Apart from fulfilling a desire for fleeing from the reality into an exotic world the image of the 'other' can also be moulded and used as a well selling sensation in the media as it was presented by Agata S. Nalborczyk (Warsaw, Poland) in her paper "The image of Islam and Muslims in the Polish mass-media before and after the 11th September, 2001". However, the media are able to correct their existing views, for example after the September 11th, 2001 Polish journalists paradoxically seem to know more about Muslims and their religion, because they write about Muslims with more respect.

We also discovered in our section that examples of peaceful coexistence and cooperation between people of different faiths existed not only in theory but also in practice. In his paper "1453 als «clash of civilizations» und alternatives Friedensdenken bei Nikolaus Cusanus" Markus Riedenauer (Wien, Austria) presented the thought of Nicolaus Cusanus about Islam and the possibility of peaceful contacts with this religion in the time after the fall of Constantinople in the 15th century. Not only Cusanus' contemporaries disregarded his arguments. There have been people who maintain a false perception that religious faith can only be understood in exclusivist terms, which by definition are hostile towards the others. Formation of a peaceful attitude needs a firm grounding in one's own cultural tradition and a spirit of openness that is free form desire to dominate and control the others. This is the lesson drawn from the friendship between a Christian (Théodore Monod) and a Muslim (Amadou Hampâté Bâ ) presented by Stanislaw Grodz (Lublin, Poland) in his contribution "The Ascending Converges. The unifying aspect of religious faith in the encounter between a French Protestant scientist and a Fulbe Muslim researcher". These two people, though well established in their respective religious traditions, were centred more on God than on religion. Prejudice-free religious faith, can be perceived as a unifying element. Only exclusive adherence to narrowly perceived religious orthodoxy (beliefs and creeds) causes problems and is divisive.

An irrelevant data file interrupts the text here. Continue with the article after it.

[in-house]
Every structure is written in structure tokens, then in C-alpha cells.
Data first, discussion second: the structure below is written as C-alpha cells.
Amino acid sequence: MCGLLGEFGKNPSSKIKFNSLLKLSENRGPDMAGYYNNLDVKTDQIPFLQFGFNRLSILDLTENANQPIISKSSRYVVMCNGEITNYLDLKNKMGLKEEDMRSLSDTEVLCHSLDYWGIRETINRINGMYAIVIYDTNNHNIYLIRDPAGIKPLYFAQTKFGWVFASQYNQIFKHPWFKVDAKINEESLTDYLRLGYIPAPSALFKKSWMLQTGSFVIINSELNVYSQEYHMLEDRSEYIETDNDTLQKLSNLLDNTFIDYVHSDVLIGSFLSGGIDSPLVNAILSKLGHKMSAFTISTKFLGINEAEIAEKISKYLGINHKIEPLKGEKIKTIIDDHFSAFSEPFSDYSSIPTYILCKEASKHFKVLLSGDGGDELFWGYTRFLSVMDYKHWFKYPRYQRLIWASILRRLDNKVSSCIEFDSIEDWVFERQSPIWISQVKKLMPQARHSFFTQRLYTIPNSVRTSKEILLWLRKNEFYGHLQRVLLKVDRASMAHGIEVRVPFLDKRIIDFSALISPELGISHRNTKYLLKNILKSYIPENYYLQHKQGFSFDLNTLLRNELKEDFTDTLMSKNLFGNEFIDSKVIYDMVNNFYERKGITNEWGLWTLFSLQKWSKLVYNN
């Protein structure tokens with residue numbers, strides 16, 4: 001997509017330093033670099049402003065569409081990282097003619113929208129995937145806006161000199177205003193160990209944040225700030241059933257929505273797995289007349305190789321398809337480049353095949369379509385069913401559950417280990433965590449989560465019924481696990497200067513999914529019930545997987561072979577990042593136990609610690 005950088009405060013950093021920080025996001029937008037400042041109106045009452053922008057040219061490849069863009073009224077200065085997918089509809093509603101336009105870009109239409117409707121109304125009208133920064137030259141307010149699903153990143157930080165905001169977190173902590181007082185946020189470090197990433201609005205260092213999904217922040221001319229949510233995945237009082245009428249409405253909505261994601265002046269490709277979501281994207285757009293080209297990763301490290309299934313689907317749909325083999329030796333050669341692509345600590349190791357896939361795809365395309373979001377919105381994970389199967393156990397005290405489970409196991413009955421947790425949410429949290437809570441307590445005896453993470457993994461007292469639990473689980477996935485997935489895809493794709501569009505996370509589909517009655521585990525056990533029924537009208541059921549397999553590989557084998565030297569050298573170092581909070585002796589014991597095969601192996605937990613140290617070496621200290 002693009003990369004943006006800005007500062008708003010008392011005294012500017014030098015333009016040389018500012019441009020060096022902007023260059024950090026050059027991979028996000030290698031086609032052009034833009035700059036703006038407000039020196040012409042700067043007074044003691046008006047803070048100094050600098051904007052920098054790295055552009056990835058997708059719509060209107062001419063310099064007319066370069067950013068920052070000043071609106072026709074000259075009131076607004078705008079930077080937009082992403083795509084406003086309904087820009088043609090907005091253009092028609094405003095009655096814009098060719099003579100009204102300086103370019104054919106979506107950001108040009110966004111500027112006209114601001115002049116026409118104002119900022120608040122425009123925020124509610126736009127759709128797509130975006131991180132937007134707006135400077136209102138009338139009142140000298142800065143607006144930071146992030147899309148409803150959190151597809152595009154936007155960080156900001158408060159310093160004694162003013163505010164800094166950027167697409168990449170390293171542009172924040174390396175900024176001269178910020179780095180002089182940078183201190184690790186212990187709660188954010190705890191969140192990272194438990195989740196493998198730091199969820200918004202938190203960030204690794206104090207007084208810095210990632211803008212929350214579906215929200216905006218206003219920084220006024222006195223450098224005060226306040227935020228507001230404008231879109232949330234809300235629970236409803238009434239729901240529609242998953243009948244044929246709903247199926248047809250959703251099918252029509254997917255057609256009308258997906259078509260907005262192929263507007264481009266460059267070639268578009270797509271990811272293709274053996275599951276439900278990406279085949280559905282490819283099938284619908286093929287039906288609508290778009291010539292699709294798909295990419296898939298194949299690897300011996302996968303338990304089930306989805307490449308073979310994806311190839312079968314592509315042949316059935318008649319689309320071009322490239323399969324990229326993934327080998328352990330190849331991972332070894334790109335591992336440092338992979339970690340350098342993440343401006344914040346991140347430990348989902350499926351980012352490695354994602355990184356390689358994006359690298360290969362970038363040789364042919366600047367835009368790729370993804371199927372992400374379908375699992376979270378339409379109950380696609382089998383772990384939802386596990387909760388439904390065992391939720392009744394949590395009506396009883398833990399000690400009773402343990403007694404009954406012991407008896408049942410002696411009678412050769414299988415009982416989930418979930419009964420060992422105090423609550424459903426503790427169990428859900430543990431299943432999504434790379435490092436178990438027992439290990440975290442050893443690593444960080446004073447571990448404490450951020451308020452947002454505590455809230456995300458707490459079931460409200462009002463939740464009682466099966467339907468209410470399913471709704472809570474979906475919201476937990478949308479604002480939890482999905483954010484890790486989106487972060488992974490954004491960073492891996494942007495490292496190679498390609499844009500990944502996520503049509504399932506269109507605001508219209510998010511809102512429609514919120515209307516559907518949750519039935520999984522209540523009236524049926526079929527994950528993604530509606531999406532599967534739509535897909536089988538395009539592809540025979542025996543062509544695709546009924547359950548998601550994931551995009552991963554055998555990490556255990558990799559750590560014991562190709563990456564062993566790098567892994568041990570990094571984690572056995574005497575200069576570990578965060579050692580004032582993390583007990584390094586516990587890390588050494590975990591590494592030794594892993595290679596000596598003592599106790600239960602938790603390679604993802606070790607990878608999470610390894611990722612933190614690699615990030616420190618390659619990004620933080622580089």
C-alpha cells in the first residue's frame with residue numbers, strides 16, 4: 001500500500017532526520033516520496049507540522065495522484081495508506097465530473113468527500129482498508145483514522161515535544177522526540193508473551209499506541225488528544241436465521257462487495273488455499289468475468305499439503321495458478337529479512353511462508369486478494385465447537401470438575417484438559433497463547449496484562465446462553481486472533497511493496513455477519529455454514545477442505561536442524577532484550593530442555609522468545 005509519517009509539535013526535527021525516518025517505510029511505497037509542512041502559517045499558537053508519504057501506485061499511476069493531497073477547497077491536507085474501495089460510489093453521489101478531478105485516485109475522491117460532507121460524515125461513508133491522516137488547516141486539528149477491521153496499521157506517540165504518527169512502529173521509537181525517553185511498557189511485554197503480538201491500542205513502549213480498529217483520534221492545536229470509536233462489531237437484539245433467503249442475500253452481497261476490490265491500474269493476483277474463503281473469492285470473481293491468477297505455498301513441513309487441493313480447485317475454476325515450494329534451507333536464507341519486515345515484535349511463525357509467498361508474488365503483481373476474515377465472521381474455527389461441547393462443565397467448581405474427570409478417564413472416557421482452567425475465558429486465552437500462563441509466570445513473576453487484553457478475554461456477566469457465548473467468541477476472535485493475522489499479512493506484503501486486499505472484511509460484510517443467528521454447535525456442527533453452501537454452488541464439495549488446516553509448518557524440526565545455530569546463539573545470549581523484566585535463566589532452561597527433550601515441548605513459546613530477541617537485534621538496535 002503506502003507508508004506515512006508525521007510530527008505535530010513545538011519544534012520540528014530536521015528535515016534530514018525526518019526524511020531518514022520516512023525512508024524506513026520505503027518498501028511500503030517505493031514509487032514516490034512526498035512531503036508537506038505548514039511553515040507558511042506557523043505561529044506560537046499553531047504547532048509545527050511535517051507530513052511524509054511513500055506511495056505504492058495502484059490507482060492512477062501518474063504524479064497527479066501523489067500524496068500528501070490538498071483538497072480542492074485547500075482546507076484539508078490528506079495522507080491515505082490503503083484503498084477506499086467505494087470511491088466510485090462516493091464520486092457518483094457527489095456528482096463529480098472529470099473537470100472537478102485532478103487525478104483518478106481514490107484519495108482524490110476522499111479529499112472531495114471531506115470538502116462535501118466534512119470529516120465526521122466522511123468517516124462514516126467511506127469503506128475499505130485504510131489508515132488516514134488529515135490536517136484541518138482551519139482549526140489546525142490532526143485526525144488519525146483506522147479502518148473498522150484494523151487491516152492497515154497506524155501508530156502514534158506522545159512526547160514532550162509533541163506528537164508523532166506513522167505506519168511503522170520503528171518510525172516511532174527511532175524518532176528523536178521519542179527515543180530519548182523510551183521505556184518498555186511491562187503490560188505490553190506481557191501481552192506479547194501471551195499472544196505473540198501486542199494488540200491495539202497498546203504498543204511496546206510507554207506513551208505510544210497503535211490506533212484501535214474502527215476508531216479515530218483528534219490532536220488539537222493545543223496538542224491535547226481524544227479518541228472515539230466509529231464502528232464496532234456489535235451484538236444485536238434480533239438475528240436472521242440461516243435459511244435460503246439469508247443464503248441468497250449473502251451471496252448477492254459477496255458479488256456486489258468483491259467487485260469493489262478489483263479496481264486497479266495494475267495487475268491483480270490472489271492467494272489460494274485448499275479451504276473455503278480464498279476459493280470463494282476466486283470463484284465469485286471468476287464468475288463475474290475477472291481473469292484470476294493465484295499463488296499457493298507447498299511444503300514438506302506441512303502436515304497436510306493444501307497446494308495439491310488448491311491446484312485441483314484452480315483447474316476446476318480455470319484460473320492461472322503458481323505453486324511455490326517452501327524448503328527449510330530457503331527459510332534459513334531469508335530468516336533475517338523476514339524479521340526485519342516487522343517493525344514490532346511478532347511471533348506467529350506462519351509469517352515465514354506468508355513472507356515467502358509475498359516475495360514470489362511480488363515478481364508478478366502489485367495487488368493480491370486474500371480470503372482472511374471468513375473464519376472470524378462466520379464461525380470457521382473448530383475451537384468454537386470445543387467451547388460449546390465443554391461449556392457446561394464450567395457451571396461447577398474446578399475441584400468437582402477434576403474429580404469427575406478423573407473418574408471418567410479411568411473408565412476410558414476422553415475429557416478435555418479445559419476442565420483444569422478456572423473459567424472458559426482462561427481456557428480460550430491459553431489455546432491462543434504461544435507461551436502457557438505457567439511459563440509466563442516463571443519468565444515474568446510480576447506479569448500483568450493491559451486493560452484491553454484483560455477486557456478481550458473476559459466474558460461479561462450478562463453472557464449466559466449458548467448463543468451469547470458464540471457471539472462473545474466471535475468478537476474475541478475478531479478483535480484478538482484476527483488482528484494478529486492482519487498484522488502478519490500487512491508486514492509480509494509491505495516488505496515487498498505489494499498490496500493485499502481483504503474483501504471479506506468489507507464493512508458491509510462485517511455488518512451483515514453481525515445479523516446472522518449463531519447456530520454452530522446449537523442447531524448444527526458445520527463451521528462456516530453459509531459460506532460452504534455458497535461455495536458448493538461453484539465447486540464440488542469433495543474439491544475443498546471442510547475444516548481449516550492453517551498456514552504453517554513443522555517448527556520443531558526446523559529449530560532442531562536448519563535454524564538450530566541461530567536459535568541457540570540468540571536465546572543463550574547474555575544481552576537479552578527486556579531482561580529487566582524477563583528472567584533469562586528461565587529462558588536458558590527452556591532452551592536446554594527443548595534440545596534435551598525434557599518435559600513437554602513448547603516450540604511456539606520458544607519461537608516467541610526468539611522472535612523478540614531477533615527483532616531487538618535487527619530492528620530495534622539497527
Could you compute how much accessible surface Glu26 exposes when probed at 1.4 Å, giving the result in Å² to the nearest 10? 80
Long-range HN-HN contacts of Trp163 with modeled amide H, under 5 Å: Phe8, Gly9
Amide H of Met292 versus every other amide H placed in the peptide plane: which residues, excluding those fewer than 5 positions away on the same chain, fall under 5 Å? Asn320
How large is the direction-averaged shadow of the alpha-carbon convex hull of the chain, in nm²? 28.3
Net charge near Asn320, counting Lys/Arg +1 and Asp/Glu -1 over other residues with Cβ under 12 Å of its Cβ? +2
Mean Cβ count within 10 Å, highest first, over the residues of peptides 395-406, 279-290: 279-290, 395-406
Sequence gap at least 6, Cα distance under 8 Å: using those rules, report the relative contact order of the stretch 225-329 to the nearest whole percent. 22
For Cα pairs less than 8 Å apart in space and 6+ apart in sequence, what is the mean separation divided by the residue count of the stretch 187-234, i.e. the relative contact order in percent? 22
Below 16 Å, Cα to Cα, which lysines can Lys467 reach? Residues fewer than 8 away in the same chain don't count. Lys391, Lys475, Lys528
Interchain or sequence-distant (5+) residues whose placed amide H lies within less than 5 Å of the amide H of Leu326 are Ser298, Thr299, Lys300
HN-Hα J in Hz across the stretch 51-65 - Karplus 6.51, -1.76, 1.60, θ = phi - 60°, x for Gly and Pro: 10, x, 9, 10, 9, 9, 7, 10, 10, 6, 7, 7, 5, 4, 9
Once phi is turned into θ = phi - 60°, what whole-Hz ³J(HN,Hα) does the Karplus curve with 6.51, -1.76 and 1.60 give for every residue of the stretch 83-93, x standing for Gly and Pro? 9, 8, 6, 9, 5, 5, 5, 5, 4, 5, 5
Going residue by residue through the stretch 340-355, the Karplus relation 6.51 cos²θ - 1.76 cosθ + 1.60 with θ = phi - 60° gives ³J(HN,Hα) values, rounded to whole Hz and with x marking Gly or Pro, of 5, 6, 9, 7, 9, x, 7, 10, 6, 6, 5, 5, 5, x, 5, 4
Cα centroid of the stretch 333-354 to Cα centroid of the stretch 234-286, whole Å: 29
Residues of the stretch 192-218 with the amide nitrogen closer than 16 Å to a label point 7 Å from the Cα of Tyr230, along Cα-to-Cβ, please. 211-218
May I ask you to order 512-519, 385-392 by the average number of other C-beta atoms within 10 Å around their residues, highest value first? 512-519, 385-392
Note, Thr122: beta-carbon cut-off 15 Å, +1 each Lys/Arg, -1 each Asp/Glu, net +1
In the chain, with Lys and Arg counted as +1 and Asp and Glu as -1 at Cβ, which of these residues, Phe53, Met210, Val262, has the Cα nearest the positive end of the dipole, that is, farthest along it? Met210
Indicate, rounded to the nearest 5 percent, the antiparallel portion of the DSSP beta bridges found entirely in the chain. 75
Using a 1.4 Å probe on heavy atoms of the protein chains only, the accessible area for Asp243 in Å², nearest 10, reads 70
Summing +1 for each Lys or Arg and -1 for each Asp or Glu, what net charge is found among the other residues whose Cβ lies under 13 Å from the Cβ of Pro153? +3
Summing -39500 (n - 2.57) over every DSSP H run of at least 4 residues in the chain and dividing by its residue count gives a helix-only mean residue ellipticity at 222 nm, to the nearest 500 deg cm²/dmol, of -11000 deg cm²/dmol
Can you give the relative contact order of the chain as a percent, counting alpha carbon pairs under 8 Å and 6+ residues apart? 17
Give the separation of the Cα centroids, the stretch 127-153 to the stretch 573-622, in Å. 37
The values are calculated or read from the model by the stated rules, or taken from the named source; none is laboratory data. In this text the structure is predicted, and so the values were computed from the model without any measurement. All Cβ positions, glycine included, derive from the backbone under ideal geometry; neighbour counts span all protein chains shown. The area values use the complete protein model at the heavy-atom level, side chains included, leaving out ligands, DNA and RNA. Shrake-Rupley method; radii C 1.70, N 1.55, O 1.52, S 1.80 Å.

Yet, if we are to develop the culture of peace and maintain intercultural dialogue all the prejudices should be avoided. We should teach the proper image of another culture as it was shown by Neriman Eratalay (Ankara, Turkey) in her paper "Quelle culture enseigner?".

We also should be wary of taking concepts out of their historical contexts and transposing them to our times as ready-made solutions. Quite often these concepts were not clearly defined by those who used them originally and had an aura of ambivalence. Applying these concepts to our times should be done with the full awareness of that ambivalence and variety of possible meanings and interpretations.

We come into contact with representatives of other cultures and civilizations with an increasing frequency as a result of globalization, migration and the accessibility of contemporary mass media. Becoming aware of these images of the "other", their content and potentially distorting message they convey, forms the first step towards initiating and deepening of intercultural dialogue. This dialogue plays an important role in the perspective of challenges that confront our world, including the threat of the "clash of civilizations".

The efforts to understand the "other" and create his/her proper and true image are necessary for creating the atmosphere and conditions for peace.

© Agata S. Nalborczyk (Warsaw)

1.4. The image of the "Other" in the contacts of Europe, Asia, Africa and America

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For quotation purposes:
Agata S. Nalborczyk (Warsaw): Bericht: Zeichen, Texte, Kulturen. Konvivialität aus semiotischer Perspektive. In: TRANS. Internet-Zeitschrift für Kulturwissenschaften. No. 15/2003. WWW: